Rock’s Influence – The 1940s

Gary: “My appreciation for music came later in life but my interest started when I was very young.  My Mom & Dad where far from wealthy, but I had clean clothes, food and… my Dad.  Now even though he traveled (Sales) we always listened to music.   My mother loved music too, but my Dad had the Rhythm and I guess it was passed to me.

I have always loved to Dance (yes, unusual for a male) and I loved music with a beat, blues, country, Rock and Roll you name it.  I remember some of the early music, but not all of it.

I had an Uncle who was a Jitterbug Dancing Champ, thus I was introduced to Boogie Woogie.

I will in my own little way take a look at music, before Rock and Roll that I think had some sort of influence.  I will supply some of the songs, but they are difficult to locate.  So let’s say we take a look back to when I was only 5 and when the music started to change, 1945.

Music Highlights of the Early Years

  • In July 1940, Billboard magazine begins charting pop records on its “Music Popularity Chart“.  The very first #1 national hit is “I’ll never smile Again” by Tommy Dorsey on Victor Records.
  • In June 1948, Columbia introduces the long-playing (LP) record with the microgroove, which plays at 33 1/3 rpm.  Until this time, albums consisted of collections of 12 inch 78 rpm discs that featured one or two selections on each side.
  • RCA develops the 45-rpm single and presses the very first on in April 1949.  The first pressed single is “Gatte’ Parisienne” by the Boston Pops Orchestra, record no. 47-2715.
  • Disc jockey Alan Freed, the man who popularized the expression “rock ‘n’ roll” in Cleveland, Ohio in 1950, gathers popular rhythm and blues performers of the time for his Moondog Coronation Ball, the first rock ‘n’ roll stage show held at the Cleveland Arena on Friday, March 21, 1952.  Acts include the Dominoes, Varetta Dillard,  Danny Cobb, Tiny Grimes and the Paul Williams Orchestra.
  • In July 1950 Your Hit Parade, the popular radio show that since 1935 has featured the popular his of the day, moves to Television.
  • In November 1952, the New Musical Express, a British music magazine, begins to chart pop singles.
  • In 1953 Bill Haley & His Comets “Crazy man Crazy” on Essex Records, becomes the first rock ‘n’ roll record to appear on the pop music charts.
1940s
The 1940s had some ground-breaking singles that helped pave the way for rock ‘n’ roll.

1945

    • Caledonia/Louis Jordan/ Decca
    • Rock me Mama/Arthur “Big Boy” Crudup/ Bluebird
  • That’s the stuff you gotta Watch/ Buddy Johnson/ Decca
Arthur “Big Boy” Crudup

(August 24, 1905 — March 28, 1974)

Arthur ‘Big Boy’ Crudup – So Glad You’re Mine – 1972

(See also, our post on Arthur Big-Boy Crudup)

1946

  • Ain’t that Just Like a Woman/ Louis Jordan/Decca
  • I’ve Got A Right To Cry/ Joe Liggins/ Excelsior
  • Let the Good Times Roll/ Louis Jordan/ Decca
  • R.M. Blues/ Roy Milton/ Juke Box
  • That’s All Right/ Arthur “Big Boy Crudup/ Bluebird
Louis Jordan

(July 8, 1908 – February 4, 1975)

  • Ain’t that Just like a Woman/ Louis Jordan/ Decca/ 1946
  • Let the Good Times Roll/ Louis Jordan/ Decca/ 1946

1947

    • Bobby Sox Blues/ Johnny Moore/ Excelsior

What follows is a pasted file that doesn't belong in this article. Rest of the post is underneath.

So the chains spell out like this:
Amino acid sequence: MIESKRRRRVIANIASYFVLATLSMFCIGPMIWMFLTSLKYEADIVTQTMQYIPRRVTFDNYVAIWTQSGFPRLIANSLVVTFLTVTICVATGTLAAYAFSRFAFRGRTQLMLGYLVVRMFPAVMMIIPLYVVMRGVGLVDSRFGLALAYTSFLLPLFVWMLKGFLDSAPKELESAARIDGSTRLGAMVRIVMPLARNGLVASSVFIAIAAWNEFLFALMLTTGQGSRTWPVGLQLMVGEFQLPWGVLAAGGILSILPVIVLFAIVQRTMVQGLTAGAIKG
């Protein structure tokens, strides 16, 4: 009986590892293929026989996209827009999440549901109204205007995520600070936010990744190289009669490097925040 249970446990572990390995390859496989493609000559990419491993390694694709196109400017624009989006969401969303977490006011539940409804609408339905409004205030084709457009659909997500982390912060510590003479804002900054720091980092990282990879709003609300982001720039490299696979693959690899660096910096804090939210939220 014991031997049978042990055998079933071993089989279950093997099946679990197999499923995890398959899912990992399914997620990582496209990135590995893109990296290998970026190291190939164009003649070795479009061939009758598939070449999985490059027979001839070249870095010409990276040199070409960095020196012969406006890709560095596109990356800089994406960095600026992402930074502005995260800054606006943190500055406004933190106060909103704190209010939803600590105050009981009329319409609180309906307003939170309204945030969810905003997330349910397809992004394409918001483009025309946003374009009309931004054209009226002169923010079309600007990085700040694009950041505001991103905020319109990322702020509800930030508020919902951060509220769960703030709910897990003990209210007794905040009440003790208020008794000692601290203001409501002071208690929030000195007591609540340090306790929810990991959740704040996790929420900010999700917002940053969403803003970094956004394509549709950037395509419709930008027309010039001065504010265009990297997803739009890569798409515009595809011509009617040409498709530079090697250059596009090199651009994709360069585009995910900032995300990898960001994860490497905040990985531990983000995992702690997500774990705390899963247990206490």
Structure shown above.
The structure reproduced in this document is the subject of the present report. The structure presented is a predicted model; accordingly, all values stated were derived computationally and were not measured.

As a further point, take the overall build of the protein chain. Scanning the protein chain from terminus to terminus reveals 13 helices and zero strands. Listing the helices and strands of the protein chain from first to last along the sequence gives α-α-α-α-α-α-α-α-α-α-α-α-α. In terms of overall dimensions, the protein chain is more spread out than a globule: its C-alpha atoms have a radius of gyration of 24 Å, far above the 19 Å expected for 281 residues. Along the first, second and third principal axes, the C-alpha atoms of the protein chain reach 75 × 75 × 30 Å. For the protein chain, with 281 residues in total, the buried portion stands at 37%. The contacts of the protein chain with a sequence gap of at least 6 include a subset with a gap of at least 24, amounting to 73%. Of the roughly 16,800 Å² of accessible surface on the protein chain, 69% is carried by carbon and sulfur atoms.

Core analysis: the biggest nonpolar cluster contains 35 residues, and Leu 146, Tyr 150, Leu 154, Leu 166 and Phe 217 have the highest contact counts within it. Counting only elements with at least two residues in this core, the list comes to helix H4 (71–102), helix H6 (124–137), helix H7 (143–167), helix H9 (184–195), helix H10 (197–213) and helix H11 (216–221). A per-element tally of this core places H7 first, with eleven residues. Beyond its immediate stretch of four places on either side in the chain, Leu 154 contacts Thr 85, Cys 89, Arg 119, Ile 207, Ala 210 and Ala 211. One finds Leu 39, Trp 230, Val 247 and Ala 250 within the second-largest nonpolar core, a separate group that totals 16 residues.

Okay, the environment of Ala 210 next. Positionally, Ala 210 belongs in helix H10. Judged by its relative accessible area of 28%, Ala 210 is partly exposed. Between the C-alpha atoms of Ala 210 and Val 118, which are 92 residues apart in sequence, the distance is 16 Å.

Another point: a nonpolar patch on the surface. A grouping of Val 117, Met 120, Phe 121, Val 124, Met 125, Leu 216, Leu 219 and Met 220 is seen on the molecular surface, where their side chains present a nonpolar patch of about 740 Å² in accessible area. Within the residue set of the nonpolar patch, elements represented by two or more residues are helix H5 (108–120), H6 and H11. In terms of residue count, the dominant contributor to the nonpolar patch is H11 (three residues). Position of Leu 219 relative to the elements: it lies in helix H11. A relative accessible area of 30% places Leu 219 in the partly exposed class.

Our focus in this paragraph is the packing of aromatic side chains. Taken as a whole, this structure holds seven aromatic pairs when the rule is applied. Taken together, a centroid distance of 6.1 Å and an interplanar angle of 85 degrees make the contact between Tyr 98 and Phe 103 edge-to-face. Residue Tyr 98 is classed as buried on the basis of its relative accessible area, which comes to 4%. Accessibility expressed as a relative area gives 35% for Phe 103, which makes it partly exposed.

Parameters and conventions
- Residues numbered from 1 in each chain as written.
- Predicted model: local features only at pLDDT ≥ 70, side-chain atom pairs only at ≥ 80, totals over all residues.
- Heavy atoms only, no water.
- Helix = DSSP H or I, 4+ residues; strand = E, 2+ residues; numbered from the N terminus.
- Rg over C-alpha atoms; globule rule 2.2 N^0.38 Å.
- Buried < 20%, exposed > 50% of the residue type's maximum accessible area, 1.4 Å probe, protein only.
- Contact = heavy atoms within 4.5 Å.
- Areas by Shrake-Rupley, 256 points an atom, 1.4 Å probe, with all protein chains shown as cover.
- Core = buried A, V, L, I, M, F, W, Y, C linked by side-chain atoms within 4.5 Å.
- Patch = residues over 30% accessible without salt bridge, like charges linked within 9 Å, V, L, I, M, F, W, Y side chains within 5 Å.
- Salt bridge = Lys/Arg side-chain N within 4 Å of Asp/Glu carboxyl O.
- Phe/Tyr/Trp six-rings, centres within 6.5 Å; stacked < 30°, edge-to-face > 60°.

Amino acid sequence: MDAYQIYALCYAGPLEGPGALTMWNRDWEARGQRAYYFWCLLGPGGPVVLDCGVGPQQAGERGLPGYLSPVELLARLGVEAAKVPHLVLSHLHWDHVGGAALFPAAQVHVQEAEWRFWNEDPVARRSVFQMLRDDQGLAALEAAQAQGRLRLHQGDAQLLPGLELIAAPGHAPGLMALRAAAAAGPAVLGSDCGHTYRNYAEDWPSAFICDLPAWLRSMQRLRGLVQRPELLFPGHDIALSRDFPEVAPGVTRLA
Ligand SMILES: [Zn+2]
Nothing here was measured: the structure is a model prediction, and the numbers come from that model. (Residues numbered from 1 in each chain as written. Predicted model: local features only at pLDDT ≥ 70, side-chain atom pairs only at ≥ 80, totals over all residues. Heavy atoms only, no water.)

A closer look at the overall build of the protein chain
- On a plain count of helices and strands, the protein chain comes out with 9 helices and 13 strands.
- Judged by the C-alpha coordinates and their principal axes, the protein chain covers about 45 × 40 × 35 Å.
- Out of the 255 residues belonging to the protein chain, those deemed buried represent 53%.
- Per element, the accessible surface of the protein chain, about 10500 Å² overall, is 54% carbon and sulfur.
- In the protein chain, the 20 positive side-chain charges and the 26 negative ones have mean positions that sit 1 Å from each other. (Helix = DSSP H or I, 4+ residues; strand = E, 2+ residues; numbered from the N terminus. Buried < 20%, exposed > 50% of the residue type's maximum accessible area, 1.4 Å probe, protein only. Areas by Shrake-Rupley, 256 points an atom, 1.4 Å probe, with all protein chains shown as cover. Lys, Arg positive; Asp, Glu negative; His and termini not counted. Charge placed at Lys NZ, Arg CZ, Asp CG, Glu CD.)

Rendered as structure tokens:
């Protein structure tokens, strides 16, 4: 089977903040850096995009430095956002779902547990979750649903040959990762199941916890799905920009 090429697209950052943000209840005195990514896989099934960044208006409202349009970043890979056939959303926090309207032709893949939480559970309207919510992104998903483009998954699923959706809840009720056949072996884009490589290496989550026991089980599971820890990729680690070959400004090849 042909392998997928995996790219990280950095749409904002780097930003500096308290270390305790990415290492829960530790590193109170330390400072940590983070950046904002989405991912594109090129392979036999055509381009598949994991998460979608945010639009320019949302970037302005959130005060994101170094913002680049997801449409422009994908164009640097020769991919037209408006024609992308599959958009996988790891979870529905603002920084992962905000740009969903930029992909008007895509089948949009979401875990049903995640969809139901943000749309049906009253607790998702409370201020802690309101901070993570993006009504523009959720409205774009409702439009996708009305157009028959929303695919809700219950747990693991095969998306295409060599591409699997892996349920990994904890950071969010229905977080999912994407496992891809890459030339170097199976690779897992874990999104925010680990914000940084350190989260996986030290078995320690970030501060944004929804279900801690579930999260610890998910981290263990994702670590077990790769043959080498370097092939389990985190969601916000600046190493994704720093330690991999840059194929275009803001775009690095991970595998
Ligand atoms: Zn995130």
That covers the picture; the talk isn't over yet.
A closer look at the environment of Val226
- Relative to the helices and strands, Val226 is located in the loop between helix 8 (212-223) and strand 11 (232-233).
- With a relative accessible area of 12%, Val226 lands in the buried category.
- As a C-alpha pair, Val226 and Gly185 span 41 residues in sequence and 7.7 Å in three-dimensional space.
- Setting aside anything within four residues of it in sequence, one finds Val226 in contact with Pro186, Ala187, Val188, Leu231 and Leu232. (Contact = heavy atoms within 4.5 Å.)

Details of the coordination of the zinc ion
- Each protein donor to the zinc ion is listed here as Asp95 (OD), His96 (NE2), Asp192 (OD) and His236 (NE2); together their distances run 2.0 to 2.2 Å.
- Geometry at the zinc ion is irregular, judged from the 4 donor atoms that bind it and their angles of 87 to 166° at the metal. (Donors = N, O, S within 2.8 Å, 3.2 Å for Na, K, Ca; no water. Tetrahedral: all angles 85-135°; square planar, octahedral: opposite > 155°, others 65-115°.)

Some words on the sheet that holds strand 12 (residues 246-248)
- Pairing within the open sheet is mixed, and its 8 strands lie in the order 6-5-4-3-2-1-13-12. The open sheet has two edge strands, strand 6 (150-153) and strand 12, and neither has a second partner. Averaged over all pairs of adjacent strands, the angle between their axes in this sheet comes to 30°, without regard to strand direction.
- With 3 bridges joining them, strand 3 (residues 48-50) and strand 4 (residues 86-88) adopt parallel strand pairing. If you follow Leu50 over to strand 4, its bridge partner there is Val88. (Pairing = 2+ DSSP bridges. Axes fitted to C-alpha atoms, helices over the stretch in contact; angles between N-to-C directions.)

• I Love You, Yes I Do/ Bull Moose Jackson/ King
    • Open the Door Richard/ Louis Jordan
    • True Blues/ Roy Milton/ Specialty
    • Open the Door Richard/ Louis Jordan/ Decca/ 1947

1948

  • Bye Bye Baby Blues/ The Ravens/ Savoy
  • Elevator Boogie/ Mabel Scott/ Excelsior
  • Good Rockin’ Tonight/Wynonie Harris – (King 4210 1948)
  • I Want my Fanny Brown/Wynonie Harris – (King 4304 1948)
  • Pleasing You (As long as I Live)/ Lonnie Johnson *

Wynonie Harris

(August 24, 1915 – June 14, 1969)

    • Good Rockin’ Tonight (written by Roy Brown)/ Wynonie Harris/1948
    • Good Rockin’ Tonight/ Roy Brown/ 1948
    • I Want My Fanny Brown/ Wynonie Harris/ 1948

1949

  • Boogie at Midnight/ Roy Brown/ De Luxe
  • Boogie Chillun’/ John Lee Hooker/ Modern
  • Deacon’s Hop/ Big Jay McNeeley/ Savoy
  • D’Natural Blues/ Lucky Millinder/ RCA Victor
  • Don’t Put Me Down/ Joe Liggins/ Specialty
  • Drinkin’ Wine Spo-Dee-O-Dee/ Stick McGhee/ Atlantic
  • Empty Arm Blues/ Amos Milburn/ Aladdin
  • Homesick Blues/ Charles Brown/ Aladdin
  • It’s Midnight/ Little Willie Littlefield/ Modern
  • Pot Likker/ Todd Rhodes/ King
  • Saturday Night Fish Fry/ Louis Jordan/ Decca
  • Bite Again Bite Again/ Wynonie Harris – (King 4252 1949)
  • I Like My Baby’s Pudding/ Wynonie Harris – (King 4342 1949)
Roy James Brown
(September 10, 1925 — May 25, 1981)


Granville Henry McGhee
also known as Stick (or Sticks) McGhee
(March 23, 1917 – August 15, 1961)
Stick McGhee (left) and his brother Brownie McGhee
(of Sonny Terry fame, on the right)


John Lee Hooker

(August 22, 1917 – June 21, 2001)

  • Boogie at Midnight/ Roy Brown/ 1949
  • Boogie Chillun’/ John Lee Hooker/ 1949
  • Drinkin Wine Spo-Dee-O-Dee/ Stick McGhee/ 1949
  • Saturday Night Fish Fry/ Louis Jordan/ 1949
  • Bite Again Bite Again/ Wynonie Harris/ 1949
  • I Like my Baby’s Pudding/ Wynonie Harris/ 1949

1942 Harlem Hit Parade Debut

1945 Harlem Hit Parade becomes Race Records Chart

1949 In the summer, Race Records Chart changes to Rythm & Blues Chart

* Lonnie Johnson Update:

Fast forward to 1963 and Lonnie Johnson singing a great old blues song, “Another Night To Cry”

–o–
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